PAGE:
Type:
text; Dissertation-Reproduction (electronic)
Keywords:
Biology, Animal Physiology.; Health Sciences, Human Development.; Health Sciences, Immunology.
Degree Name:
Ph.D.
Degree Level:
doctoral
Degree Program:
Graduate College; Microbiology and Immunology
Degree Grantor:
University of Arizona
Advisor:
DeLuca, Dominick

Full metadata record

DC FieldValue Language
dc.language.isoen_USen_US
dc.titleNicotine and TNF alpha, modulators of T cell signaling-effects on T cell development in fetal thymus organ cultureen_US
dc.creatorMiddlebrook, Aaron J.en_US
dc.contributor.authorMiddlebrook, Aaron J.en_US
dc.date.issued2004en_US
dc.publisherThe University of Arizona.en_US
dc.rightsCopyright © is held by the author. Digital access to this material is made possible by the University Libraries, University of Arizona. Further transmission, reproduction or presentation (such as public display or performance) of protected items is prohibited except with permission of the author.en_US
dc.description.abstractT cell development is regulated by signals generated in the interactions between developing thymocytes and the thymic stroma. Using fetal thymus organ culture (FTOC) as a model of T cell development, we investigated the ability of two potent signal modulators to influence this process. These studies show that both nicotine and tumor necrosis factor-alpha have the ability to influence T cell receptor (TCR) signaling and the maturational capacity of treated cultures. FTOC treated with low concentrations of nicotine produced more immature T cells and fewer mature T cells. These expanded populations of cells also expressed CD69, CD95 (FAS) and elevated levels of recombinase activating genes (RAG). This phenotype reflects the fact that these cells have received a positive selection signal, are for apoptosis and are likely attempting secondary TCR rearrangements. Nicotine effects were partially blocked by the nicotinic antagonist, d-tubocurarine. Furthermore, d-tubocurarine alone blocked the development of T cells entirely, suggesting the presence of an endogenous ligand that may engage nicotinic acetylcholine receptors and regulate normal thymopoeisis. These observations underscore the linkage between the nervous and the immune systems, not only in terms of shared resources, but also in terms of direct interactions between these two systems. In another study we used FTOC and an associated in vitro Type 1 diabetes mellitus model to reconcile the role of TNF-alpha in thymopoiesis with its role in diabetes. Our data indicate that thymocytes from NOD FTOC express lower levels of TNF receptors and produce more TNF-alpha compared to non-diabetic C57BL/6 (B6) FTOC. Neutralization of endogenous TNF-alpha in NOD FTOC with a soluble TNF receptor (sTNF R1) rescued insulin production in our in vitro diabetes model. NOD FTOC treated with TNF-alpha produced greater numbers of mature T cells and a higher percentage of cells expressing CD95L (Fas ligand). Treatment with sTNF R1 had the opposite effect. TNF-alpha's known ability to attenuate TCR signaling coupled with these observations suggest that its overproduction in these animals may be driving T cells to maturity, altering the process of negative selection and ultimately enhancing the survival of potentially diabetogenic T cells resulting in disease susceptibility in these animals.en_US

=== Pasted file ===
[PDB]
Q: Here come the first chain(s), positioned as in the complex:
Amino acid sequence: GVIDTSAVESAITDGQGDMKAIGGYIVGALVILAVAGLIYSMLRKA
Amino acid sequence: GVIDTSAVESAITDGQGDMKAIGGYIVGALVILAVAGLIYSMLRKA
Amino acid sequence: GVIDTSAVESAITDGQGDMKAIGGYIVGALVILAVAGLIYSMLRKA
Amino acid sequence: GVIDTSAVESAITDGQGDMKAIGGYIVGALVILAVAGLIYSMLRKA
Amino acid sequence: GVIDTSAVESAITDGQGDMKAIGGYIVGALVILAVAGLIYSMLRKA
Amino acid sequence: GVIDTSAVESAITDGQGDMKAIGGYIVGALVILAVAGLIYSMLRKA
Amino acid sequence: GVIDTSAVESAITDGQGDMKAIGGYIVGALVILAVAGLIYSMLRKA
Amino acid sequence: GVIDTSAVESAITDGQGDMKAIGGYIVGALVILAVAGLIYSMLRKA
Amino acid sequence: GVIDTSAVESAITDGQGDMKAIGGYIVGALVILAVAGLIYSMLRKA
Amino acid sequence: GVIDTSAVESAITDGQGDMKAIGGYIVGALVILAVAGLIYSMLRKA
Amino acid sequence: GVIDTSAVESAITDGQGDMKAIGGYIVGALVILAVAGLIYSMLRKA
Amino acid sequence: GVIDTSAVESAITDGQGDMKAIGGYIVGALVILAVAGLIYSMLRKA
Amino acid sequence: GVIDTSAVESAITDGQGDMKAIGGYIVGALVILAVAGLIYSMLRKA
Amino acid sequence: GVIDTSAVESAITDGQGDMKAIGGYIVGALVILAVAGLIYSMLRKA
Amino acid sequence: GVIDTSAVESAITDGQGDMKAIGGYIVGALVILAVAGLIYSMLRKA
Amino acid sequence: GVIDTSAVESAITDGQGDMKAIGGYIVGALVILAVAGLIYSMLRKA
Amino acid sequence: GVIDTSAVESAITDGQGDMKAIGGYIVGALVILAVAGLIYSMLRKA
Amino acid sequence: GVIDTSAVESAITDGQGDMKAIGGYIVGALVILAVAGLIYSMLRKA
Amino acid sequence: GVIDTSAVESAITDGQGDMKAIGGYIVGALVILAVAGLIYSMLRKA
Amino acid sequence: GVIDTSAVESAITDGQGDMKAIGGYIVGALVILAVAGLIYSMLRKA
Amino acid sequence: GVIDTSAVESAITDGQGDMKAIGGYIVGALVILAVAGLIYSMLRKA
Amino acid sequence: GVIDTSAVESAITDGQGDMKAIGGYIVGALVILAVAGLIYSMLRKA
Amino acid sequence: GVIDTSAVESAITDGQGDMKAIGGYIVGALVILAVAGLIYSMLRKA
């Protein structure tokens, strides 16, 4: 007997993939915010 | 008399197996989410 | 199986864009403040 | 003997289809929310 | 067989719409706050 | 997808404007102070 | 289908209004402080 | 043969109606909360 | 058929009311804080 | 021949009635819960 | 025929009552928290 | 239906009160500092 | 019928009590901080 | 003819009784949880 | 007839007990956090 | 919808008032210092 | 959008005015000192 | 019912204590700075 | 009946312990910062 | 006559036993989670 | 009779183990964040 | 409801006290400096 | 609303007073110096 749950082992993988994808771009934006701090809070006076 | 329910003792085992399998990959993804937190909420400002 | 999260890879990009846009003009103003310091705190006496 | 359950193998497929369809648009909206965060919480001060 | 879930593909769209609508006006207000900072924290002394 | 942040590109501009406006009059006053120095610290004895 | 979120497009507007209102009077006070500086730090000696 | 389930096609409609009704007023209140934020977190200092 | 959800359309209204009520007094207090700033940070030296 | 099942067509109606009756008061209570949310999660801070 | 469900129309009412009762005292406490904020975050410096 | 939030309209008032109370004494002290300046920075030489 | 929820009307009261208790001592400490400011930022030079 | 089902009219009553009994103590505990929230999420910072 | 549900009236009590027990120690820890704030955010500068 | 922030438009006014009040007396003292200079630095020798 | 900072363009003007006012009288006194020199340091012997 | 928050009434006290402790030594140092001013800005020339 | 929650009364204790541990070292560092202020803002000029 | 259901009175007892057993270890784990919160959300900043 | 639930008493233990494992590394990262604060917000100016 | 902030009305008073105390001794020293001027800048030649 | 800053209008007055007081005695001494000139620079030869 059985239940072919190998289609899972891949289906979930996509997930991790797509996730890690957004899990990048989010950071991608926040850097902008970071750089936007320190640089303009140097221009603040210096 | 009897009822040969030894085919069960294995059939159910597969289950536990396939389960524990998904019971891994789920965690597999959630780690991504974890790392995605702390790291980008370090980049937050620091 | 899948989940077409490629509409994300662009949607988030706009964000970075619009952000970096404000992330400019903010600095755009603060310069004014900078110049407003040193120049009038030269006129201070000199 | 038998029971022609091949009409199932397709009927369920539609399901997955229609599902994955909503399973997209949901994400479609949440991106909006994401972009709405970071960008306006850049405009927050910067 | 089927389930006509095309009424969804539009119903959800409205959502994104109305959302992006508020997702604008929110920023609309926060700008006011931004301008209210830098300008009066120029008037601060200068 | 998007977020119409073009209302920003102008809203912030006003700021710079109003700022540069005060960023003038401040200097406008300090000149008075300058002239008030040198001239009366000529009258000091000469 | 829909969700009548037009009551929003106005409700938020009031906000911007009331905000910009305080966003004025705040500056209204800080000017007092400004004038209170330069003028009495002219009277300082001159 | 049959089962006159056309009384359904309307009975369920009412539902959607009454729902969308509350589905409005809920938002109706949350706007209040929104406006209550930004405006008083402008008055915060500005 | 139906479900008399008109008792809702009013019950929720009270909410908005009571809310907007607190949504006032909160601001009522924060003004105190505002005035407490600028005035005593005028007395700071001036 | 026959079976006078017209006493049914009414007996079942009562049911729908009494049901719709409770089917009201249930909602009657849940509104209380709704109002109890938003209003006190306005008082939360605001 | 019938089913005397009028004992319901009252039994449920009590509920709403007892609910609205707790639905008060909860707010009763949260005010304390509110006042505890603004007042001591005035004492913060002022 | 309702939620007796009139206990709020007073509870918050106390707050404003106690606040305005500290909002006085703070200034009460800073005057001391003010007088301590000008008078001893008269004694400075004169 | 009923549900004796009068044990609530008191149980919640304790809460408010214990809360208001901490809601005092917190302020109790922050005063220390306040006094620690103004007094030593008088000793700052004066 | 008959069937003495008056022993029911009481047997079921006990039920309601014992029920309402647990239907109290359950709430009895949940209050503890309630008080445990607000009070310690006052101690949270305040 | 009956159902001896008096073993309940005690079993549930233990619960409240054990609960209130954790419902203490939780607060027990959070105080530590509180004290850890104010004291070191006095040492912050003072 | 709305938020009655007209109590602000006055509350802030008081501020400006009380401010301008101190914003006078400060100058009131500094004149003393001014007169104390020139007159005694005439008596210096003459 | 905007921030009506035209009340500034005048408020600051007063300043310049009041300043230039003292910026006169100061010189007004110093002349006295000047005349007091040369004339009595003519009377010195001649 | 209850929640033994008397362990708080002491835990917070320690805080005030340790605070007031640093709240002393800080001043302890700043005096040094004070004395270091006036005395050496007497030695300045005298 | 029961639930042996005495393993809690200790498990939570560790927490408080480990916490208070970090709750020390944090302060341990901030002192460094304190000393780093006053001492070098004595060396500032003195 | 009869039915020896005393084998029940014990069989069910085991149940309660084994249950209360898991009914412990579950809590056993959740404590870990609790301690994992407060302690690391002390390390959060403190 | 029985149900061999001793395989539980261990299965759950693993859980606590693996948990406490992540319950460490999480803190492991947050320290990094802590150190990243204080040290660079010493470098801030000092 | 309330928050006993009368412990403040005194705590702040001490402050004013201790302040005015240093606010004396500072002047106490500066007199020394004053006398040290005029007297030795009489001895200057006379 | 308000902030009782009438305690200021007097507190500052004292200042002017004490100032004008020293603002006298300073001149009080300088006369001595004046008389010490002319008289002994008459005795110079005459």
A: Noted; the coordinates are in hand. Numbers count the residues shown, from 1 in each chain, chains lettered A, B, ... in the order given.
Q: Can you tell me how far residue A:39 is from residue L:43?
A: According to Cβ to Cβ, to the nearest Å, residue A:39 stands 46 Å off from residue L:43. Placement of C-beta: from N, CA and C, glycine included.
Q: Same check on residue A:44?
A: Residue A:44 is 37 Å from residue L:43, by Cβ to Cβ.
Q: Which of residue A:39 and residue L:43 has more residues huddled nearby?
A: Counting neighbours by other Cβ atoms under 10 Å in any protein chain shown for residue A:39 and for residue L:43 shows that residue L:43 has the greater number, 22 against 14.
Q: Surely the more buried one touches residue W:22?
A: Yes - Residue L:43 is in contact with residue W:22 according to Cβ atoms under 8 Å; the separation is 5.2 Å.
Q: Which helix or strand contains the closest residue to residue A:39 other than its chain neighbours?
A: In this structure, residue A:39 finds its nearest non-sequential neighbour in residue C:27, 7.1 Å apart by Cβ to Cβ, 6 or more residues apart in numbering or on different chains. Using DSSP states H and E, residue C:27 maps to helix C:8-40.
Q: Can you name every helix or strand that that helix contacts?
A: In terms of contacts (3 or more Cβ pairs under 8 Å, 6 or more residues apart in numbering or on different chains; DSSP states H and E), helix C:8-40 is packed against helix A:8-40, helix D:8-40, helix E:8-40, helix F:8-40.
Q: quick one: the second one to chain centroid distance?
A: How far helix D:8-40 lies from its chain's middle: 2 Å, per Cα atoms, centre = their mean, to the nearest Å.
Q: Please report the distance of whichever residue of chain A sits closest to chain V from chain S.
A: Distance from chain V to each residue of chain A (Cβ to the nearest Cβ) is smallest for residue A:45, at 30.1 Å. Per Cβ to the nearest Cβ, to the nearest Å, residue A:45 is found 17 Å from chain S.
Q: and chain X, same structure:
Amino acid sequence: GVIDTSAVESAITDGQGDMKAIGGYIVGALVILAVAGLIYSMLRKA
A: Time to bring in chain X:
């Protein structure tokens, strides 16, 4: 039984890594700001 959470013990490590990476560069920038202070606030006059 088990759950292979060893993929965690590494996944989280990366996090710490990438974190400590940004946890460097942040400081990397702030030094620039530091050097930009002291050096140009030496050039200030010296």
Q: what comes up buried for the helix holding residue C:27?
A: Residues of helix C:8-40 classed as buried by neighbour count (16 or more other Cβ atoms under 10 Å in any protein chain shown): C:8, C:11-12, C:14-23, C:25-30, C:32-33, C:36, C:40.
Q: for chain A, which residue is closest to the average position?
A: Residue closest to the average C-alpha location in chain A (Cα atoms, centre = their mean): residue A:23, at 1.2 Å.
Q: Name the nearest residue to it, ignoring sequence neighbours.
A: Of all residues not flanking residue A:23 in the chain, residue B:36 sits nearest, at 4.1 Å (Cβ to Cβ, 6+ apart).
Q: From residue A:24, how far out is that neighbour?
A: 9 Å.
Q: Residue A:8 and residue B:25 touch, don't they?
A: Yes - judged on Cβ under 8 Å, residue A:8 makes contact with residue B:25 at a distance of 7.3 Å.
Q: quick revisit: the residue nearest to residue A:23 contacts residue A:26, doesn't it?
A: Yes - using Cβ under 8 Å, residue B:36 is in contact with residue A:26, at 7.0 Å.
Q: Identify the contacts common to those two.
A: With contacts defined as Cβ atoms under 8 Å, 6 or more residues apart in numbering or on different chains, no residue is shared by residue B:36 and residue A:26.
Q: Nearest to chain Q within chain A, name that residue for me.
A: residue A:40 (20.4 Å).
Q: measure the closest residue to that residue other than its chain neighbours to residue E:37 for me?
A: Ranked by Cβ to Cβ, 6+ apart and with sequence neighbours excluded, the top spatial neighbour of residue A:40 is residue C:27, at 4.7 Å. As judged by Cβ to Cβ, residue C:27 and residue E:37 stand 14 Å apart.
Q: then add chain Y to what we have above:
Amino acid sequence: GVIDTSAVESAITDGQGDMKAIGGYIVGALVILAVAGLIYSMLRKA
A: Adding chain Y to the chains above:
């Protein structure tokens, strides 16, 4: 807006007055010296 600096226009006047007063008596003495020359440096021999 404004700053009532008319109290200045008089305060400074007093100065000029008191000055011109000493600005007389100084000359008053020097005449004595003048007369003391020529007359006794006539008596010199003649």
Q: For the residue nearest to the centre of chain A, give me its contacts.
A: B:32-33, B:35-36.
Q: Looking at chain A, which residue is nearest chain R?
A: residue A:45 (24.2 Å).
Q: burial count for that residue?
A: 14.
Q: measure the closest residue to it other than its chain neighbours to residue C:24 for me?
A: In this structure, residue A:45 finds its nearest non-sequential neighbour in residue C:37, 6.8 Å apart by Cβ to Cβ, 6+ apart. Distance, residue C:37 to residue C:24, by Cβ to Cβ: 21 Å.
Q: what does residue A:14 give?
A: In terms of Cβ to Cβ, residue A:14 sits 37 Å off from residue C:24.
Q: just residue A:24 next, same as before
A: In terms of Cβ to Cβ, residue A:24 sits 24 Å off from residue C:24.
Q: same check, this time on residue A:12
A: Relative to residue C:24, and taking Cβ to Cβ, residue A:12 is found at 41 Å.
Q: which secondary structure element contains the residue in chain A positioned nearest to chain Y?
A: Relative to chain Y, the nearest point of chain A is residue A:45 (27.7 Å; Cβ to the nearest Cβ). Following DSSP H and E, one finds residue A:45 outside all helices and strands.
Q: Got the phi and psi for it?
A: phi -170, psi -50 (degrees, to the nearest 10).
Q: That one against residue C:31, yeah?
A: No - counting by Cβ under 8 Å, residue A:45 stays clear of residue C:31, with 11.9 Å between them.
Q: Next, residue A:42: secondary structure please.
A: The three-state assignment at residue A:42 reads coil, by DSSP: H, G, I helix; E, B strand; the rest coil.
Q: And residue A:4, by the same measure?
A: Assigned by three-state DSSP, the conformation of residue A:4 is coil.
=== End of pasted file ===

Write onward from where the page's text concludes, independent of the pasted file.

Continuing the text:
dc.typetexten_US
dc.typeDissertation-Reproduction (electronic)en_US
dc.subjectBiology, Animal Physiology.en_US
dc.subjectHealth Sciences, Human Development.en_US
dc.subjectHealth Sciences, Immunology.en_US
thesis.degree.namePh.D.en_US
thesis.degree.leveldoctoralen_US
thesis.degree.disciplineGraduate Collegeen_US
thesis.degree.disciplineMicrobiology and Immunologyen_US
thesis.degree.grantorUniversity of Arizonaen_US
dc.contributor.advisorDeLuca, Dominicken_US
dc.identifier.proquest3145100en_US
dc.identifier.bibrecord.b47209859en_US